This dim view may strike some readers as one-sided or as taking Ezekiel’s admittedly tough-minded promises in the worst possible sense. Others may note the absence from his discussion of motifs like the fructifying river in chap 47, that indicates that there is nothing that cannot be changed for the better. Still others might quibble about his interpretation of the everlasting covenant in 16:59-60. But his forceful essay is a brilliant example of Block’s observation that exposition involves a conversation between the text and the reader, and that the disposition of the reader plays a vital role in the establishment of the significance of a passage.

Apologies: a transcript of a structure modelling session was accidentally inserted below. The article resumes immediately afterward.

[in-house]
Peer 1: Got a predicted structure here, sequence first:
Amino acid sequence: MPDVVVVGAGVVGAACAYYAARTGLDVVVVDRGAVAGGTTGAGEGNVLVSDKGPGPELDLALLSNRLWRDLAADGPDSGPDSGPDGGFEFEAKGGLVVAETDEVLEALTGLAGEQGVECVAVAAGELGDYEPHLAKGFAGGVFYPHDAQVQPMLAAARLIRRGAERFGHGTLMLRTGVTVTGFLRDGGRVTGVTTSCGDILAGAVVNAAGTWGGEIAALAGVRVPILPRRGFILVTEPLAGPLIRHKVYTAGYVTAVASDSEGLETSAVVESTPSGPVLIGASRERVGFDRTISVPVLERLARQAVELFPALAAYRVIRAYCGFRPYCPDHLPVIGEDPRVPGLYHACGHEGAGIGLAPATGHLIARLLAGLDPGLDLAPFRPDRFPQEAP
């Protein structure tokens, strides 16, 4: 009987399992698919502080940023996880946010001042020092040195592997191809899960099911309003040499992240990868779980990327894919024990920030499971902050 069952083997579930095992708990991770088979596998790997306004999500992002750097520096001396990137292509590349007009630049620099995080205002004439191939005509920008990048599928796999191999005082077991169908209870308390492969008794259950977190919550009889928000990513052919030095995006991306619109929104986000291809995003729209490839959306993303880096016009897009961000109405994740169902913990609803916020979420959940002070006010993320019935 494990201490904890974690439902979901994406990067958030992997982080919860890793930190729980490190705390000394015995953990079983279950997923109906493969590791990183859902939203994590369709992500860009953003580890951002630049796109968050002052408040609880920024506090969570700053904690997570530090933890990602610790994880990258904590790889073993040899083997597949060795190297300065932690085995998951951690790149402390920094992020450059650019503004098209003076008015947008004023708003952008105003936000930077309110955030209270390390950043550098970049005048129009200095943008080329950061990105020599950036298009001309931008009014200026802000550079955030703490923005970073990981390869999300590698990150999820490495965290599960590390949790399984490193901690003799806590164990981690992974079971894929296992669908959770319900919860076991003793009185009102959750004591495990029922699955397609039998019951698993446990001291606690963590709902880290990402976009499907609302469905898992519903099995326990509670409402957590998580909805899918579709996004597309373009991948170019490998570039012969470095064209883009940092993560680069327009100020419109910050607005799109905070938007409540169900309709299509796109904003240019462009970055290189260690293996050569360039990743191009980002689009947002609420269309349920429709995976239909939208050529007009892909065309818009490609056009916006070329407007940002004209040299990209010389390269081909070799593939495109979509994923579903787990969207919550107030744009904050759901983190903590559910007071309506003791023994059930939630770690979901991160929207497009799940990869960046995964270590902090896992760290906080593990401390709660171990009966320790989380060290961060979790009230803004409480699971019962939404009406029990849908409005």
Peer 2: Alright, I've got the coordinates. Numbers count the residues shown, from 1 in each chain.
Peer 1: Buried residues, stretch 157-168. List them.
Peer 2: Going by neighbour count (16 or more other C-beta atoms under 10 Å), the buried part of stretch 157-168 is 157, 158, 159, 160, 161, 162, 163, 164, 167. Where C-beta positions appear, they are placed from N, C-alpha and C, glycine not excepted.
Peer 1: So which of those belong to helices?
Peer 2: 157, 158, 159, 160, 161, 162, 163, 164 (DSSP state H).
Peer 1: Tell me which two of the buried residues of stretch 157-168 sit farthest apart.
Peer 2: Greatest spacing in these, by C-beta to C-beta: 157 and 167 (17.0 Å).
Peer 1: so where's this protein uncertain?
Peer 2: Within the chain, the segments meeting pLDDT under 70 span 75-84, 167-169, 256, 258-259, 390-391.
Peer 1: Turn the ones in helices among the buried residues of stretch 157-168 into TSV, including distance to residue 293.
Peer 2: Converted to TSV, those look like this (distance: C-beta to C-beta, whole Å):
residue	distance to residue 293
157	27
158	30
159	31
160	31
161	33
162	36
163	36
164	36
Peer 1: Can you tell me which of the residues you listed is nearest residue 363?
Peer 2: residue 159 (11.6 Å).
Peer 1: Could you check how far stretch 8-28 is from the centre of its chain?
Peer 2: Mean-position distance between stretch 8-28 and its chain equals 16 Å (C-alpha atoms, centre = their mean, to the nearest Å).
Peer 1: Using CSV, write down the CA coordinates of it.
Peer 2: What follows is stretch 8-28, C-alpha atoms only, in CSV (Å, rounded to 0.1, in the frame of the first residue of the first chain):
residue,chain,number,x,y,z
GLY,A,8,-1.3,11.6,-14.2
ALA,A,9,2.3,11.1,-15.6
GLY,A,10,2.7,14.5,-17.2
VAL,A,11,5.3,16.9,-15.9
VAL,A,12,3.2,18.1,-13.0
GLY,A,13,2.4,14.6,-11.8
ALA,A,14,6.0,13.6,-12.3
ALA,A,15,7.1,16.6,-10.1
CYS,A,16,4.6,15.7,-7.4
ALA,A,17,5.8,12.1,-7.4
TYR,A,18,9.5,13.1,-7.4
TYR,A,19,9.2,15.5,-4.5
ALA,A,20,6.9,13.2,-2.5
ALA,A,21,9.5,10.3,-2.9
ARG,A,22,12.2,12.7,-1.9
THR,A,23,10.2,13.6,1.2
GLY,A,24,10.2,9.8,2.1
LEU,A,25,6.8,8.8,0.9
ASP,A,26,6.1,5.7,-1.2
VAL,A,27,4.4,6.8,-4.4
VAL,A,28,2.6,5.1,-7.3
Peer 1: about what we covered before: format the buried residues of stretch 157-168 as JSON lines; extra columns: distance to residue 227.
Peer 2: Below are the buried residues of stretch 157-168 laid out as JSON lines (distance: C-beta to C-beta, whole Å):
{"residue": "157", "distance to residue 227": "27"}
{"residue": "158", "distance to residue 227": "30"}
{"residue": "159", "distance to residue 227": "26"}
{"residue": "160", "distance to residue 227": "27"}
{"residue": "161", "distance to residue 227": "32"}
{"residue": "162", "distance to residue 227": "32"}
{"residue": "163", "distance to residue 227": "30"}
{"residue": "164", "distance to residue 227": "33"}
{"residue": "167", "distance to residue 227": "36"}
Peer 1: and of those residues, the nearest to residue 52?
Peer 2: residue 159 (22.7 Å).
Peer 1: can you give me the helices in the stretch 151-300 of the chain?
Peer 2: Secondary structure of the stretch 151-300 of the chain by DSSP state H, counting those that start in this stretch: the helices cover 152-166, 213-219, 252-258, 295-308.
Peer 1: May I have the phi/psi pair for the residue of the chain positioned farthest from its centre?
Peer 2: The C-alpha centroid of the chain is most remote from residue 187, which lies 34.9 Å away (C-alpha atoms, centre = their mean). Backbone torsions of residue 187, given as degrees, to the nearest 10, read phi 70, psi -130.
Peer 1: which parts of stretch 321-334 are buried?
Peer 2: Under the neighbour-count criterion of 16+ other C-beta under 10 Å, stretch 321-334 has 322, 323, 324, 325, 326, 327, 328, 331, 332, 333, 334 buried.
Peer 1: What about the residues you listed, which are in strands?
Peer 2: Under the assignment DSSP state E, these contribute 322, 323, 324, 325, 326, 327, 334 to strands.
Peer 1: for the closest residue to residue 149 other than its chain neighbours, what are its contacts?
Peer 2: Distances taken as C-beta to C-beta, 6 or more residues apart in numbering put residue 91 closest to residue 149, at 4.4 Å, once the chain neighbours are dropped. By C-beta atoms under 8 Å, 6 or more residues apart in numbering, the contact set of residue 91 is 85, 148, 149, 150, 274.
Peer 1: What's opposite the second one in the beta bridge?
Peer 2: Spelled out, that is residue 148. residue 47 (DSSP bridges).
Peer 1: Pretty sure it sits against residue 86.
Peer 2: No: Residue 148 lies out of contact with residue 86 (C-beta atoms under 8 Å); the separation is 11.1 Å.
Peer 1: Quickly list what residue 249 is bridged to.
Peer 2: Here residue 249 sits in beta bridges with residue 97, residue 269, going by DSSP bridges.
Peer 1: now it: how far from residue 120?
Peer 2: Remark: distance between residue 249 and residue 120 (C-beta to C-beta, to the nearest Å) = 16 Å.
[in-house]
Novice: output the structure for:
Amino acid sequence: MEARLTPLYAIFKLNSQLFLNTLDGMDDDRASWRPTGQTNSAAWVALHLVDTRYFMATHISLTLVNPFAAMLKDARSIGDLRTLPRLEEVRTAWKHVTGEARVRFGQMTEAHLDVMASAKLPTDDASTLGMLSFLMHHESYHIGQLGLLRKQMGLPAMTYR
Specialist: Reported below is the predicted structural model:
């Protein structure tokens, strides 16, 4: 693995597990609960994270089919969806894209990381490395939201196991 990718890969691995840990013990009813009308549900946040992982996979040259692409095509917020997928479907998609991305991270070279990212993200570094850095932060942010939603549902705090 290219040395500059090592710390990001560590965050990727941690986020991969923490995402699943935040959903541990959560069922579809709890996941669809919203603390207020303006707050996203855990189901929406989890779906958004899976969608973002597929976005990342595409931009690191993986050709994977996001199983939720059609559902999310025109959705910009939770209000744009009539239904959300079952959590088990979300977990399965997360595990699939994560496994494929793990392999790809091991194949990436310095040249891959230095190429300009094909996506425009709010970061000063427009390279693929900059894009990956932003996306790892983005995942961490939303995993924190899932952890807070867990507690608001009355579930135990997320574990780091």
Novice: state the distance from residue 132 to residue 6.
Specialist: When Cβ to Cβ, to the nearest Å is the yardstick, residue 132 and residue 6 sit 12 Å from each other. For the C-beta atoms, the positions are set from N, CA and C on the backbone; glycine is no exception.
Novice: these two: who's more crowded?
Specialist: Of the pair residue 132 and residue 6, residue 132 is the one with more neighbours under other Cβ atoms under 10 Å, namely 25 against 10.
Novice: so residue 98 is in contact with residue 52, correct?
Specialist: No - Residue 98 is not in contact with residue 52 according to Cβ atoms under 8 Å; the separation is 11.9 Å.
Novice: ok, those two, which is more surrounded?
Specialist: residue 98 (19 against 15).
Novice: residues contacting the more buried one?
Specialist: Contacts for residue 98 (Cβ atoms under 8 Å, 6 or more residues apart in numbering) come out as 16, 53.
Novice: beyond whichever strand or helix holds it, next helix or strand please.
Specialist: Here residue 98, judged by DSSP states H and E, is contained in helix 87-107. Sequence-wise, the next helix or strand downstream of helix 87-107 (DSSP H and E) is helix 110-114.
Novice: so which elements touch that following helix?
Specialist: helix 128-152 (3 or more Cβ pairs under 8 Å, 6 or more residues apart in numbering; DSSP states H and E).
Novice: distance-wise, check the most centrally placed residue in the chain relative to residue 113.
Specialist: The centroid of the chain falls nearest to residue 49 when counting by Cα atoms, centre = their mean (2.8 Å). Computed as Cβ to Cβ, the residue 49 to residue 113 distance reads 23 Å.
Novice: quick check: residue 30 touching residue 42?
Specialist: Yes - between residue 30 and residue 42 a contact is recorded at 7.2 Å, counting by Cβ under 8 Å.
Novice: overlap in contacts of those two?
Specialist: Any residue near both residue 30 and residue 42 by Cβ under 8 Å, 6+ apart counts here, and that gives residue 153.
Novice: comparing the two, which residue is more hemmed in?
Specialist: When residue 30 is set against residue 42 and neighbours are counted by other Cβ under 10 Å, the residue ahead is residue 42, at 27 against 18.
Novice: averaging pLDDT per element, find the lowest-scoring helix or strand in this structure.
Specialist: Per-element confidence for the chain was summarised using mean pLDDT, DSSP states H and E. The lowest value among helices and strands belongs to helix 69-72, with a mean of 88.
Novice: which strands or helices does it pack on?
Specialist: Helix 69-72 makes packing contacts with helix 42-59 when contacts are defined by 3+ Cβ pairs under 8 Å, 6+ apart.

John T. Strong argues that Ezekiel sought to maintain Zion theology through the use of certain tenets surrounding Yahweh’s kābōd. Starting from the positions of Von Rad and Mettinger, he proposes that kābōd was a hypostasis of God and that Yahweh was never dethroned. He seeks a pre Ezekiel locus for kābōd as hypostasis in First Isaiah and in Psalm 106 and proposes that the function of the kābōd was to represent the holy and distant Yahweh in the profane realm where it confronted all opposing forces. In this view, Ezekiel’s vision of the Glory of Yahweh was not a reformulation of the royal theology of the Jerusalem temple, but, rather, Glory was the means by which Yahweh had always manifested himself outside of the temple. Strong further proposes that chaps. 8-11 depict the kābōd marching out to battle Chaos and to purify the land while chaps. 40-43 report his victorious return. Within the confines of the Zion traditions, Ezekiel’s vision of the kābōd presents a conceptual parallel to Baal’s victorious return to El. He sees two functions for the man clothed in linen in chaps. 9-10, representing two layers in the text. The man in chap. 10 is sent to purify Yahweh's base camp, while the figure putting a mark on foreheads in order to preserve a remnant is deemed secondary. Strong also sees the oracles against Tyre as a defense of Zion theology. If Tyre would have succeeded where Jerusalem failed, and if it had prospered were Zion languished, then it would have appeared to the exiles that the seat of the great king was not Jerusalem, but in fact Tyre. Tyre seems to anticipate being filled by the Glory as part of becoming the seat of the divine king. Others will have to judge whether divine warrior imagery is as prevalent in chaps. 8-11 and 40-43 as Strong thinks. It seems to me, however, that the "dethronement of Sabaoth" of which Mettinger has written may refer to the temporary replacement of terminology dealing with Yahweh’s enthronement rather than to Yahweh actually being dethroned during the exile and later reinstalled as king.